The Science Experiment of Y.O.U. and Why You Probably Suck At It
As someone who has an appreciation for science, and maybe that’s because I’ve spent a small fortune on getting my Master’s degree in Science, which I’ve been paying on and will pay off without pissing and moaning and asking for hand-outs, I look at personal growth in all areas of life through the lens of the scientific process, especially when it comes to one’s health and fitness.
1) Control your variables
Any good experiment done well controls as many variables as possible to create a vacuum of sorts to identify what causes something to change. In order to find “that something,” all other variables need to be controlled as much as possible. Let’s use plant growth and how water impacts it’s growth as an example. The temperature, humidity, sunlight exposure, soil, etc….all need to be controlled, while the amount of water is manipulated to see how it affects the growth of the plant. You can probably begin to see where I’m going with this as it pertains to you and your health and fitness outcomes you’re pursuing. Fortunately, and unfortunately, we don’t live in vacuums; however, that doesn’t mean we can’t aim to control as many variable as we can. That means we can aim to control the amount of sleep we get, the amount of water we get, the amount of sunlight we get, the amount of steps we get, and even the amount of positive input we get. This is a post for another day, but give me a person with all else equal, who reads good books and one who doesn’t, and I’ll bet on the person reading good books to get better results than the other 100% of the time. Once we control as many as we can, we manipulate.
2) Manipulate 1 or 2 variables ONLY
Let’s face it, nutrition and fitness are the two variables that you most likely need to manipulate. Do you need to manipulate them both at the same time? No, you don’t. Can you if you want? Surely you can! But even these variables, make sure to be specific about how you’re going to control their manipulation. Let’s take an overfat person for example. Yes, I said overfat and not overweight, because there’s a lot of people that aren’t “overweight” per se, but they are most definitely “overfat.” So if you’re going to aim to get your nutrition on track, you can start by manipulating something with your nutrition. Perhaps you want to count your calories? Then in that case start by estimating a calorie goal that would put you in a sustainable caloric deficit (500 calories) for a couple weeks and then be consistent. Perhaps you also want to begin strength training, which is ideal by the way, and you start with two total body days per week. Great! Account for both of those things and stick to it! Whether you do one variable or two, just make sure to account for it.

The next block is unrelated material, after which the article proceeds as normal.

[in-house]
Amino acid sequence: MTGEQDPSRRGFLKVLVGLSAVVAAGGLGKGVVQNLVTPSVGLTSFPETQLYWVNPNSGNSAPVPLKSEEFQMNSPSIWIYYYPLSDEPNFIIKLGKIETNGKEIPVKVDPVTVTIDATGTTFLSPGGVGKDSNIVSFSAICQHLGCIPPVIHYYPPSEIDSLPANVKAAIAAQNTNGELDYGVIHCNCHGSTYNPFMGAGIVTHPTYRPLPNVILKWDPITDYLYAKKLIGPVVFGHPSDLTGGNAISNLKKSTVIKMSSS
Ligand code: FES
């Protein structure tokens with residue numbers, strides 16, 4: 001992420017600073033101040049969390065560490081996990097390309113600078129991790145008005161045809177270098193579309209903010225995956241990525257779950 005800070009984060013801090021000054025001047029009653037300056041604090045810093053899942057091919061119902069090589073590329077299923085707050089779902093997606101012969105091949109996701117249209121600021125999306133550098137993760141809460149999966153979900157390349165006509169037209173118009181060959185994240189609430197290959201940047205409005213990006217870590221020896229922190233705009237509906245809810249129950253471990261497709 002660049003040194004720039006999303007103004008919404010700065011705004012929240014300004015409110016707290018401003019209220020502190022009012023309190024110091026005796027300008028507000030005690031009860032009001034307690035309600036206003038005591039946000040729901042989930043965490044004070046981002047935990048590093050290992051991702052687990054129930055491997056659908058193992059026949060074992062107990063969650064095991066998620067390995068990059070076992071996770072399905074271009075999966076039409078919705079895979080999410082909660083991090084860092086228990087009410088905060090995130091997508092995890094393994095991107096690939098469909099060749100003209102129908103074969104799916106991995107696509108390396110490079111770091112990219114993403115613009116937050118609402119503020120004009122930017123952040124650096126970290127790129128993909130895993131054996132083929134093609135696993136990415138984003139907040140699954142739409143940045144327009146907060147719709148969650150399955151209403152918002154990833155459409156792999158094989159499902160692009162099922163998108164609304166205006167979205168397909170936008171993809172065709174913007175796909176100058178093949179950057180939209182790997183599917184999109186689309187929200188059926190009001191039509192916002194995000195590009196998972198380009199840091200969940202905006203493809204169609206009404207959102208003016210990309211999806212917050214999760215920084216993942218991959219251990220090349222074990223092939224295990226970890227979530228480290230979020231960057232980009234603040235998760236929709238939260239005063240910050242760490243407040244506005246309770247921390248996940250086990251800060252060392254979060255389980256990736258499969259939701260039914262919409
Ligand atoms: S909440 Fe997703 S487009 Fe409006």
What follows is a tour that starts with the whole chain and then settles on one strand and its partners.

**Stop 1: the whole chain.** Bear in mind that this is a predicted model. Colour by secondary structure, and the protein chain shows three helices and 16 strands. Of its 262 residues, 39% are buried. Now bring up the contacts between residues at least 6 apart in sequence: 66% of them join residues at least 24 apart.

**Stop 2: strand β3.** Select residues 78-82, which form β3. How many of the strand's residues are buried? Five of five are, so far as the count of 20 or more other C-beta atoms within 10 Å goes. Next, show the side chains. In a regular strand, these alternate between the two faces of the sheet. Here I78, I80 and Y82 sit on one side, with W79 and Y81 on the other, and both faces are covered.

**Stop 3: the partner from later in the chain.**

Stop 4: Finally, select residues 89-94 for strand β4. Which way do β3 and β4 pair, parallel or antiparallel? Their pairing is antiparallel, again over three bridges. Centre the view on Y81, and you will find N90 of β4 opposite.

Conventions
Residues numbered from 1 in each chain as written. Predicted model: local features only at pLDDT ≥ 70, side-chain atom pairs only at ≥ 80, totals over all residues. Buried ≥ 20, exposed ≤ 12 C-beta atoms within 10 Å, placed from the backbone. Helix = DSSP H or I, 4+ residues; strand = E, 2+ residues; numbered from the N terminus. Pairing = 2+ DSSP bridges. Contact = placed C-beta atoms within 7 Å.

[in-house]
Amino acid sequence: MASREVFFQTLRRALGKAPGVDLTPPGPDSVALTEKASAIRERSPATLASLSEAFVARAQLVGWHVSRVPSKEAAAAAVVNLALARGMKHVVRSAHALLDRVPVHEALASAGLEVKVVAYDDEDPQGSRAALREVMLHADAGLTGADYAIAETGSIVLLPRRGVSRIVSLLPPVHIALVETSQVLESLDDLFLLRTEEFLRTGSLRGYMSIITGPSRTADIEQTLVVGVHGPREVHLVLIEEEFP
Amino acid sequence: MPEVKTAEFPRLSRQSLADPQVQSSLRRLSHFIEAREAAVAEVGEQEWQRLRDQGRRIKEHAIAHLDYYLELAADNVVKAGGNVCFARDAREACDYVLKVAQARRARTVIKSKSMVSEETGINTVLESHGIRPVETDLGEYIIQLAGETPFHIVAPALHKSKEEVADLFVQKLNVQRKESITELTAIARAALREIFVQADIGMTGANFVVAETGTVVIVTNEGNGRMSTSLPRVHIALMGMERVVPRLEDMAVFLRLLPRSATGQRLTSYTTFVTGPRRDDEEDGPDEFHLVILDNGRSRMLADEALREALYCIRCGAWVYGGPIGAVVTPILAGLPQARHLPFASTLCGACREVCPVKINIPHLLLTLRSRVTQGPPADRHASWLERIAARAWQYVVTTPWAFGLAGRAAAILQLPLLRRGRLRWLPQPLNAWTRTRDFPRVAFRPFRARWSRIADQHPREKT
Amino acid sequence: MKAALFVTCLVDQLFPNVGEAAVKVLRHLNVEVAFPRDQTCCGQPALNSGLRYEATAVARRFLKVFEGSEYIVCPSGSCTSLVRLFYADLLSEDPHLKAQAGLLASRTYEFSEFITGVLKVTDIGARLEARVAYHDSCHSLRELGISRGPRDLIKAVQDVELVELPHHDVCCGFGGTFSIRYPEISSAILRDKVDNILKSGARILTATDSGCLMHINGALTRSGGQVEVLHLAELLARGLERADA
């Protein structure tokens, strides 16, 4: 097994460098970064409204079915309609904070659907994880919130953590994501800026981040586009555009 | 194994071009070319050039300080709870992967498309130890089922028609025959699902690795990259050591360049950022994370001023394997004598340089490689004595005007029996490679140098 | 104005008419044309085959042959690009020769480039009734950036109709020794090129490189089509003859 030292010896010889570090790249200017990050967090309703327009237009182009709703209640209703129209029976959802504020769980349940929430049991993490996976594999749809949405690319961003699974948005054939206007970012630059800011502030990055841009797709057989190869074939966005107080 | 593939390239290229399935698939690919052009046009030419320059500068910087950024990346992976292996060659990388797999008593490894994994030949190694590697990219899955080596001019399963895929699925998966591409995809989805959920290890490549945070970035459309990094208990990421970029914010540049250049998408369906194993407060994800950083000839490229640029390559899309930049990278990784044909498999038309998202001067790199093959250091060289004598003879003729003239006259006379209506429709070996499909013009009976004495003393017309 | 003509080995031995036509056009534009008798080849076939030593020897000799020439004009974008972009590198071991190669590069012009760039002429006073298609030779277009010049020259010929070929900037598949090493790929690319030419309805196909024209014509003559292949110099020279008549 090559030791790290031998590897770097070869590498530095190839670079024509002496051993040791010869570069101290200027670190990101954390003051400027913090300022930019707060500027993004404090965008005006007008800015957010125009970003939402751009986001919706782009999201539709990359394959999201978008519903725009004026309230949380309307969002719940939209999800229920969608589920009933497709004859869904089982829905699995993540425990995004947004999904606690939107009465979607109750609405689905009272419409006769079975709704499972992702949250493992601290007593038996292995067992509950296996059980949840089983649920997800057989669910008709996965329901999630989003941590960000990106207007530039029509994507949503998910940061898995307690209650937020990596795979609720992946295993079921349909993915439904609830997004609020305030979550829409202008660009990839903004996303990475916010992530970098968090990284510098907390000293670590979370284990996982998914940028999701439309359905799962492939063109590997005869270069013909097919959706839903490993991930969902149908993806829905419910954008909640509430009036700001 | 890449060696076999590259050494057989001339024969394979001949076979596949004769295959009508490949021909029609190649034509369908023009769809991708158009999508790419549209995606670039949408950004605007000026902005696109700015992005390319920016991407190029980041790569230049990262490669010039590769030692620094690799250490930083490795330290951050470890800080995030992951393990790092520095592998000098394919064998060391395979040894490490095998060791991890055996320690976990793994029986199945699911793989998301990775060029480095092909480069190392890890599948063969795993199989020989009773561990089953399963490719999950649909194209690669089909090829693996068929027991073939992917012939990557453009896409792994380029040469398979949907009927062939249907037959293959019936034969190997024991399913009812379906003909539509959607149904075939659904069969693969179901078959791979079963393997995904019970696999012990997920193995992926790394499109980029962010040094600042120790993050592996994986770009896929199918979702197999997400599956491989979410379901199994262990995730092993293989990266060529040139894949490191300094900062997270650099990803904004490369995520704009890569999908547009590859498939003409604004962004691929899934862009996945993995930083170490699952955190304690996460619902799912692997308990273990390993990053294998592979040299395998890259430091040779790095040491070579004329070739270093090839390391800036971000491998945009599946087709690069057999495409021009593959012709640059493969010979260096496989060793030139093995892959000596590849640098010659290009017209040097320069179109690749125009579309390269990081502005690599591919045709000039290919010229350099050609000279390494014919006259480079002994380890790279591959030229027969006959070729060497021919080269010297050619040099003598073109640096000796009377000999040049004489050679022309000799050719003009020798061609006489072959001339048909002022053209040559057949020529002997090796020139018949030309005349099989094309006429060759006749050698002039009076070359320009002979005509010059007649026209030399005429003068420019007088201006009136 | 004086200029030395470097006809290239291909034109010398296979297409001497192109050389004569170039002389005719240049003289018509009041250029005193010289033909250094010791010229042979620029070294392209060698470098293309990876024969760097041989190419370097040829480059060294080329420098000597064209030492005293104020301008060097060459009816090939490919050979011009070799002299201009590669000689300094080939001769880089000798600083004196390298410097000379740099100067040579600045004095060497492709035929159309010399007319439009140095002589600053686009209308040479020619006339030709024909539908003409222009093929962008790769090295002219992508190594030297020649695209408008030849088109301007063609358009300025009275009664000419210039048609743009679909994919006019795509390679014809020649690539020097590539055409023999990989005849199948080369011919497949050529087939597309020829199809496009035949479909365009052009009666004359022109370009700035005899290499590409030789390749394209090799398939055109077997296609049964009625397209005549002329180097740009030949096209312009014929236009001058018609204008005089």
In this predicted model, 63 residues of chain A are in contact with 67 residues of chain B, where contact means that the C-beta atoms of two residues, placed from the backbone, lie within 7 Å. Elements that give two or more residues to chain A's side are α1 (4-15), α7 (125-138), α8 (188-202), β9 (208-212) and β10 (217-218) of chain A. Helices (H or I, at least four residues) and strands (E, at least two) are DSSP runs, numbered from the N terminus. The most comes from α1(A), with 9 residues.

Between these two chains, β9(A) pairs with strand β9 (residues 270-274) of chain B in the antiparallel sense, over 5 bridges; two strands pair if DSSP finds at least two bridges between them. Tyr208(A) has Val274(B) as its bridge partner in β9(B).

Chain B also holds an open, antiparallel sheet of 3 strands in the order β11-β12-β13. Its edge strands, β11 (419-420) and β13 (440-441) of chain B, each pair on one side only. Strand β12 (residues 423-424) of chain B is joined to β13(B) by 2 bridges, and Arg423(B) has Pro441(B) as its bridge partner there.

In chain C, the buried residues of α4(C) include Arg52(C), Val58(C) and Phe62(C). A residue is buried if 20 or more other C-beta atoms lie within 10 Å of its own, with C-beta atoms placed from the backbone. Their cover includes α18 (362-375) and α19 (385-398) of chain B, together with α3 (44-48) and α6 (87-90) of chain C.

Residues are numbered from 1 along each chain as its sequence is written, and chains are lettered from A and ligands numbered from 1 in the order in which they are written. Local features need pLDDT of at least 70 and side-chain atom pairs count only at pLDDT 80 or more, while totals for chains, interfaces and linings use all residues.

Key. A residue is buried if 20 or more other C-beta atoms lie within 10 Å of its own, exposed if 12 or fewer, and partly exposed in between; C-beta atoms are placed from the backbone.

3) Measure Results
Make sure you have a frame of reference from which to measure results. For example, hop on an Inbody scale before you begin your self-experiment, and then hop back on one at least every 2 weeks to measure what’s happening in your body. This not incredibly important so you can measure if you’re changing, but it will also give you direction towards what isn’t changing and what else you may want to change. Don’t make measuring such an emotional and traumatic experience. You must fail in order to succeed, so wipe that tear away, and use the measurements as opportunities to learn. Some other options to measure results would be pictures, clothes, and of course you could use a scale, but for those who are already near a healthy weight range for their height, a scale isn’t a great way to measure progress, hence the recommendation of the Inbody assessment.
4) Make Minor Adjustments
So you’ve measured and you want to accelerate or continue your progress? Well, if what you were doing was working, you could just keep doing the same thing and re-measure again in 2 weeks to see if that’s still enough of a change stimulus to keep the needle moving. Otherwise, you continue to manipulate one or two of the variables to get you closer to the desired outcome. You could decrease your calories by 250, or you could simply do a better job at monitoring your previous number and find that what you thought was 2,000 calories was actually 2500 calories because we all tend to underestimate our intake. You could increase your frequency from 2 days per week of strength training to 3 days per week. Then, you measure again after a couple of weeks and see where the chips fall. Change, learn, rinse, and repeat.
5) Don’t Quit the Experiment
Your health and fitness is a continual experiment that you shouldn’t ever quit. Unless you’re into the whole sitting on the couch with a case of dew and a bag of Doritos lifestyle, which if you are, that too is an experiment, and America has done a fine job at showing what that looks like, so perhaps it’s time that America quits that experiment at least. But as for you, keep pushing the limits on what is possible for you. Little by little, keep getting better, because that’s what life is all about, and it’s hard to get better and better at other aspects of life, if you fail the health and fitness experiment. So don’t quit! Even if you suck at it right now, remember that you also likely sucked at walking at one point in your life, but somehow you eventually figured that out by failing forward.